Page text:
Sunday, December 6, 2009

Word Power by Shawna Blumenschein

Words are the most powerful tool available to humanity. Anyone can wield words whether they be physically weak or strong, male or female, young or old. Speech levels the playing field between all people because it is available to everyone. As such, it is vital to understand the power of words; they can move a country to war, foster peace, drive someone to suicide, and express even the most personal of human emotions.

Given this, it is little wonder that the political correctness movement has targeted language. The endeavour to use, promote, and spread awareness of bias-free language has its merits. As discussed in “Bias-Free Language: Some Guidelines” by Rosalie Maggio, language “reflects and shapes society.” (443) Prejudiced terms such as “nigger” for African-Americans, “gooks” for Asians, and “savages” for Native Americans created a distance between those groups and the dominant, usually white society that killed, enslaved, and brutalized them. Distance made treating other humans in such a disgraceful way easier because it created a firm us versus them mentality; by virtue of such derogatory nicknames these racial groups became something less than human. The same trend can be seen in World War II when Germans were called “Krauts” and the Japanese “Japs.”

Besides eliminating such hurtful words, the bias-free language movement seeks to lessen the impact of labels. The people first rule is incredibly important in this respect. This rule states that people with a disease or disability should be referred to first, for example “a person with diabetes” rather than “a diabetic.” (451) Such phrasing prevents the person from being reduced to “a disease, a label, [or] a statistic.” (451)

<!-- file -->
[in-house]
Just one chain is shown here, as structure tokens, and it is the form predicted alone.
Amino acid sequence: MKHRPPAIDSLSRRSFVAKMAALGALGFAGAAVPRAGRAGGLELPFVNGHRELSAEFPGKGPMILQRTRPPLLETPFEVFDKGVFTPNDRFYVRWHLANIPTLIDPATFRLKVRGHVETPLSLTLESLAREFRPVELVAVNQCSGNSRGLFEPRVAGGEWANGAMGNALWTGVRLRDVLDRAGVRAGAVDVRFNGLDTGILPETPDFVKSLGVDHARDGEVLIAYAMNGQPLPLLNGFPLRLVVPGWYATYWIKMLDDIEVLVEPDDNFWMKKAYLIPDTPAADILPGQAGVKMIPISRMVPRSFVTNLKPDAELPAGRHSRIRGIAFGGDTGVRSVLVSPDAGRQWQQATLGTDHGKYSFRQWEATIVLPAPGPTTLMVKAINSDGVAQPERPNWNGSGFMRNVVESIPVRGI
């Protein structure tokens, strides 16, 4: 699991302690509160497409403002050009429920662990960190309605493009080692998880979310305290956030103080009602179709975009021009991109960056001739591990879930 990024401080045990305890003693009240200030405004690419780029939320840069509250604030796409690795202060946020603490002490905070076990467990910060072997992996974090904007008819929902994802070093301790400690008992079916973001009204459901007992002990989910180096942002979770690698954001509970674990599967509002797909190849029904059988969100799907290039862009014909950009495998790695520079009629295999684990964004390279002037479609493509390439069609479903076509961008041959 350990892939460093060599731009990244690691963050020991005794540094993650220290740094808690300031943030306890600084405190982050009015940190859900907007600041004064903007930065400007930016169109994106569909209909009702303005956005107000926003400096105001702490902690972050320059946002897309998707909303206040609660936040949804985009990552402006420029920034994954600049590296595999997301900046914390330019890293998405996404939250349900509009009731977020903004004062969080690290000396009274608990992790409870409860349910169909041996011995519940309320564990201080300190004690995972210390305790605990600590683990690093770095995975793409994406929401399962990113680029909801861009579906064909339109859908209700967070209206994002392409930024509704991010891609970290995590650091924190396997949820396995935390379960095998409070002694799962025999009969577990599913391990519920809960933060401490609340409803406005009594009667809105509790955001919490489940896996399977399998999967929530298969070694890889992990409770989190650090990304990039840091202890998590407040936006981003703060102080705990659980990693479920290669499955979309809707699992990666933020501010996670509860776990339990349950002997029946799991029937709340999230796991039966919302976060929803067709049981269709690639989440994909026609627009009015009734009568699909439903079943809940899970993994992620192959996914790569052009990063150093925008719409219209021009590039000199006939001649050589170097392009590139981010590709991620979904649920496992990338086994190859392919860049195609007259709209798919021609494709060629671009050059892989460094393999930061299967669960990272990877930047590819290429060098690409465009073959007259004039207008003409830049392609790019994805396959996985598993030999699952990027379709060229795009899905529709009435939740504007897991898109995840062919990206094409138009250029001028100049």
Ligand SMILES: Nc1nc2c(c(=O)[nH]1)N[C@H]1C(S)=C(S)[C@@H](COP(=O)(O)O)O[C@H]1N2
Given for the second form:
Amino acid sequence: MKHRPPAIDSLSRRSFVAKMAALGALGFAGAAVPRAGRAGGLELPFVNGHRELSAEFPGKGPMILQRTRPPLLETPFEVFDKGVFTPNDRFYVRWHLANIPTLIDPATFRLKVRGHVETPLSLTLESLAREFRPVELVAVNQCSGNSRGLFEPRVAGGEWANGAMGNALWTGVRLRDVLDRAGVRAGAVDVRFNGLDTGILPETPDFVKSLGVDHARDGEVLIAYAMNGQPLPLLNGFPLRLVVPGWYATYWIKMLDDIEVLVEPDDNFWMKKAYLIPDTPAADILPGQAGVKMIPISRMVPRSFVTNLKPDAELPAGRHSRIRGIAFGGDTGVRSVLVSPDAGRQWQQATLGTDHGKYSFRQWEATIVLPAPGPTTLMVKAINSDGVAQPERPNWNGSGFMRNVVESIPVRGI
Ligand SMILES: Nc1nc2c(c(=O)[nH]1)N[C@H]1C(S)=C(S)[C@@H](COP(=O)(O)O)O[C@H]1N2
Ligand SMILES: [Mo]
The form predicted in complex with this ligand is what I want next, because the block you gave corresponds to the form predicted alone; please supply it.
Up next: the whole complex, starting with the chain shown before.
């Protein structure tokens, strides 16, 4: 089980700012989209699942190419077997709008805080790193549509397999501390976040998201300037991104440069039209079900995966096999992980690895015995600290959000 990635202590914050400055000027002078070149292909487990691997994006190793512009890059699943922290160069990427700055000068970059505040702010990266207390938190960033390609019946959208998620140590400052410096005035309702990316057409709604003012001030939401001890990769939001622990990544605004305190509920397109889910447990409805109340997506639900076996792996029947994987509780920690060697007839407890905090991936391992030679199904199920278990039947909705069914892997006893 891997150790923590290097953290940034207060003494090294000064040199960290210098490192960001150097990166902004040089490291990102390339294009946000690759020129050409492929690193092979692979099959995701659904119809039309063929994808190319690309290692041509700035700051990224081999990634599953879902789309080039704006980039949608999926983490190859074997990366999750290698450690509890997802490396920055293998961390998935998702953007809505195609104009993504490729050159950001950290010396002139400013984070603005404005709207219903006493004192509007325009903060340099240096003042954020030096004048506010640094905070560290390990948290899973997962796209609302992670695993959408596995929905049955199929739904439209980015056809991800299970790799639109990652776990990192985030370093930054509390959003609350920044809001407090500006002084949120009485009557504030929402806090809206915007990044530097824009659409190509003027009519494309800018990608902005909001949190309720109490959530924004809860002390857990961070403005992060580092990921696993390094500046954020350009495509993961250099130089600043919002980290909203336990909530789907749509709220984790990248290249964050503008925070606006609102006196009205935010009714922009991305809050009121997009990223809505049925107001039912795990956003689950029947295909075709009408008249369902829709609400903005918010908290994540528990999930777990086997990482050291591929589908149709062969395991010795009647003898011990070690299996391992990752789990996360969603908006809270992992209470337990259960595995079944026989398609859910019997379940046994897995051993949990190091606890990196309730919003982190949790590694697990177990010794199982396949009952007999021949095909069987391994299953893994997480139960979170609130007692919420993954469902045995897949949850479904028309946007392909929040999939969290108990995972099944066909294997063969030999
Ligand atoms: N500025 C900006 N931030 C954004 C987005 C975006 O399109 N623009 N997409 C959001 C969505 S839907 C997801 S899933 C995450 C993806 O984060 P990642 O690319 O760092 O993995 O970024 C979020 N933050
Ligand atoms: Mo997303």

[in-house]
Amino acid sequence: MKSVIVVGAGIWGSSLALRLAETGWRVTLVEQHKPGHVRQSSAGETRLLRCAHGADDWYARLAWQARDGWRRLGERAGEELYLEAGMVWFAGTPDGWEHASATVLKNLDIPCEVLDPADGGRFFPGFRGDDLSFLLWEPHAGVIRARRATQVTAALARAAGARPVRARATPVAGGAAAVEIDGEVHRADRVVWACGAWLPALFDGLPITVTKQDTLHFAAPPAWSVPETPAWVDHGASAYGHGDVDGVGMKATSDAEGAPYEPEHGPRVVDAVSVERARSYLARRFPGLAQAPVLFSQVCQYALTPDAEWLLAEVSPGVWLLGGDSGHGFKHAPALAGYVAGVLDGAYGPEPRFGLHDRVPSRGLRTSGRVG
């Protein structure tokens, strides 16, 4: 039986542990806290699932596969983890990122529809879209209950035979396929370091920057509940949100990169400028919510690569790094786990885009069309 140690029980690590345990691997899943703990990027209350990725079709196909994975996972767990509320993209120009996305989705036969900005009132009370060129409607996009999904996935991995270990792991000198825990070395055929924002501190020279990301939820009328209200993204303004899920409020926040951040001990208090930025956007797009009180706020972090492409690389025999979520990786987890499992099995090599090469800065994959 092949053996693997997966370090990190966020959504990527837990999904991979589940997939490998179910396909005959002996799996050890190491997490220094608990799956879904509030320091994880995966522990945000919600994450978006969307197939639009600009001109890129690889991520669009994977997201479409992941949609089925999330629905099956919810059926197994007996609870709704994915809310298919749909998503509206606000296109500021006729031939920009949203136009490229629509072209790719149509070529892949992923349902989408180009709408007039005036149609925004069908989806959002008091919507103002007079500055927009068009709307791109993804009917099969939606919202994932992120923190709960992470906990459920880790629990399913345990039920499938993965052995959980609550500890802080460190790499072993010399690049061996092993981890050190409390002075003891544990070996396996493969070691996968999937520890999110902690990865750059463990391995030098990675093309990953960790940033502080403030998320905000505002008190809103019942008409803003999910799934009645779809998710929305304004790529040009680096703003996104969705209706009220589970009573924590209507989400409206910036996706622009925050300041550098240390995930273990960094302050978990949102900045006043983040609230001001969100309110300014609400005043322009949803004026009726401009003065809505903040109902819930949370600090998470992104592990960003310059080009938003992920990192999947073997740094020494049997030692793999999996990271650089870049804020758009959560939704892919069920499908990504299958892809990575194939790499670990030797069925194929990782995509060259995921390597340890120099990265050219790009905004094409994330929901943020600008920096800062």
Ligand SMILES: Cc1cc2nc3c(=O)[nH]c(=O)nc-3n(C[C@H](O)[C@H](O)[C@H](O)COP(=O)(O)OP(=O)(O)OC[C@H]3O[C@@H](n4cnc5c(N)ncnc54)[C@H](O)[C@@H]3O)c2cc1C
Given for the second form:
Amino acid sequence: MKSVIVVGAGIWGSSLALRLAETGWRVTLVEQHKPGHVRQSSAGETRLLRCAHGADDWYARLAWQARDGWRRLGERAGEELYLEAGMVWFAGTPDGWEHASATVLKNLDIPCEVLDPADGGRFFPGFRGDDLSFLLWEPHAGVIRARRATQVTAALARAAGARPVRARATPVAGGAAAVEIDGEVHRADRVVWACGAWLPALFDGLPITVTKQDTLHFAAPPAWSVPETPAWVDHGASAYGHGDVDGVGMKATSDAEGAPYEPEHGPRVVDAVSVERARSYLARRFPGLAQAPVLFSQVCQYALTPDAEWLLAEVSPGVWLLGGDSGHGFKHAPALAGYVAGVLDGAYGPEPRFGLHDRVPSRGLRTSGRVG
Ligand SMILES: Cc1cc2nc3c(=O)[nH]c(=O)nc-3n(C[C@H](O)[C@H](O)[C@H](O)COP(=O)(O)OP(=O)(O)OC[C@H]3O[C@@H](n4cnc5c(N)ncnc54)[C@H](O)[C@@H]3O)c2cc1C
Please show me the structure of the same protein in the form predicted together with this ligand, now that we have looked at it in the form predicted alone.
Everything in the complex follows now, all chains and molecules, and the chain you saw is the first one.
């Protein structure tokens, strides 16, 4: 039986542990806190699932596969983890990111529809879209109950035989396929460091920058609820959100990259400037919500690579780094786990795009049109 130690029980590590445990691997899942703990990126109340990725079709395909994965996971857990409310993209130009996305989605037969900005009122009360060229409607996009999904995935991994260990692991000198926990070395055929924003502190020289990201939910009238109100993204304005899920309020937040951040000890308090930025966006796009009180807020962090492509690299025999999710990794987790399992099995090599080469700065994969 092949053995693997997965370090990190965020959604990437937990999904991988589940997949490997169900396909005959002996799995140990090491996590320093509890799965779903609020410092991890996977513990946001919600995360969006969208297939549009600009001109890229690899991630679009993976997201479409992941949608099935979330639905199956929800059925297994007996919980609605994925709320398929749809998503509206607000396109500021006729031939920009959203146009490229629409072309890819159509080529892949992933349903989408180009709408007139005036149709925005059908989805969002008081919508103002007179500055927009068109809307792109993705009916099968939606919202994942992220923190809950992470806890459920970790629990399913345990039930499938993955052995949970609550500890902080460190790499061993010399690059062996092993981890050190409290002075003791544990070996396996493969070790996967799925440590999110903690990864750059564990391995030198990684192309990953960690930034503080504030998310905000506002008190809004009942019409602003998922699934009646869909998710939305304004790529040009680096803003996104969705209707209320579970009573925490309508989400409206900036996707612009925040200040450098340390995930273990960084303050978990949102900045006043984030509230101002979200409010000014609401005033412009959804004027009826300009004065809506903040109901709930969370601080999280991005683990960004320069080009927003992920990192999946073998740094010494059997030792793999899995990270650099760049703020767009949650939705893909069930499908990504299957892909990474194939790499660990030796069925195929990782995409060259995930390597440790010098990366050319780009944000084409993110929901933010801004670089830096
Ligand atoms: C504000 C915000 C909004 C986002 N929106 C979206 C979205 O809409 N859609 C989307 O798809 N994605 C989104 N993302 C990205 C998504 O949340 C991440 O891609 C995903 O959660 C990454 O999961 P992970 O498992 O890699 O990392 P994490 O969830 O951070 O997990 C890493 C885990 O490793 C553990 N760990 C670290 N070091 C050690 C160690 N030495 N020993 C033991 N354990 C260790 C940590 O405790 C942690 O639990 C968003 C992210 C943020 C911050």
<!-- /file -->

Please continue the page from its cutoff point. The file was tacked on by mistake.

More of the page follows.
Despite the merits of the movement there is the potential for it to be taken too far. As discussed in “The Word Police” by Michiko Kakutani, such a fanatical focus on words and phrases can “distract attention from the real problems of prejudice and injustice.” (455) Indeed, eliminating biased and derogatory words will not eliminate prejudice and discrimination but it is definitely a step in the right direction. Only by making people aware of what they are saying, the meaning in such terminology, and the power of those words will such people start to think about and re-examine their opinions and word choice. As Cassiby discusses, words themselves are not to blame, it is the intent with which they are used that matters. Awareness must come before change can happen and the bias-free language movement is the best way to highlight the stunning power of words.

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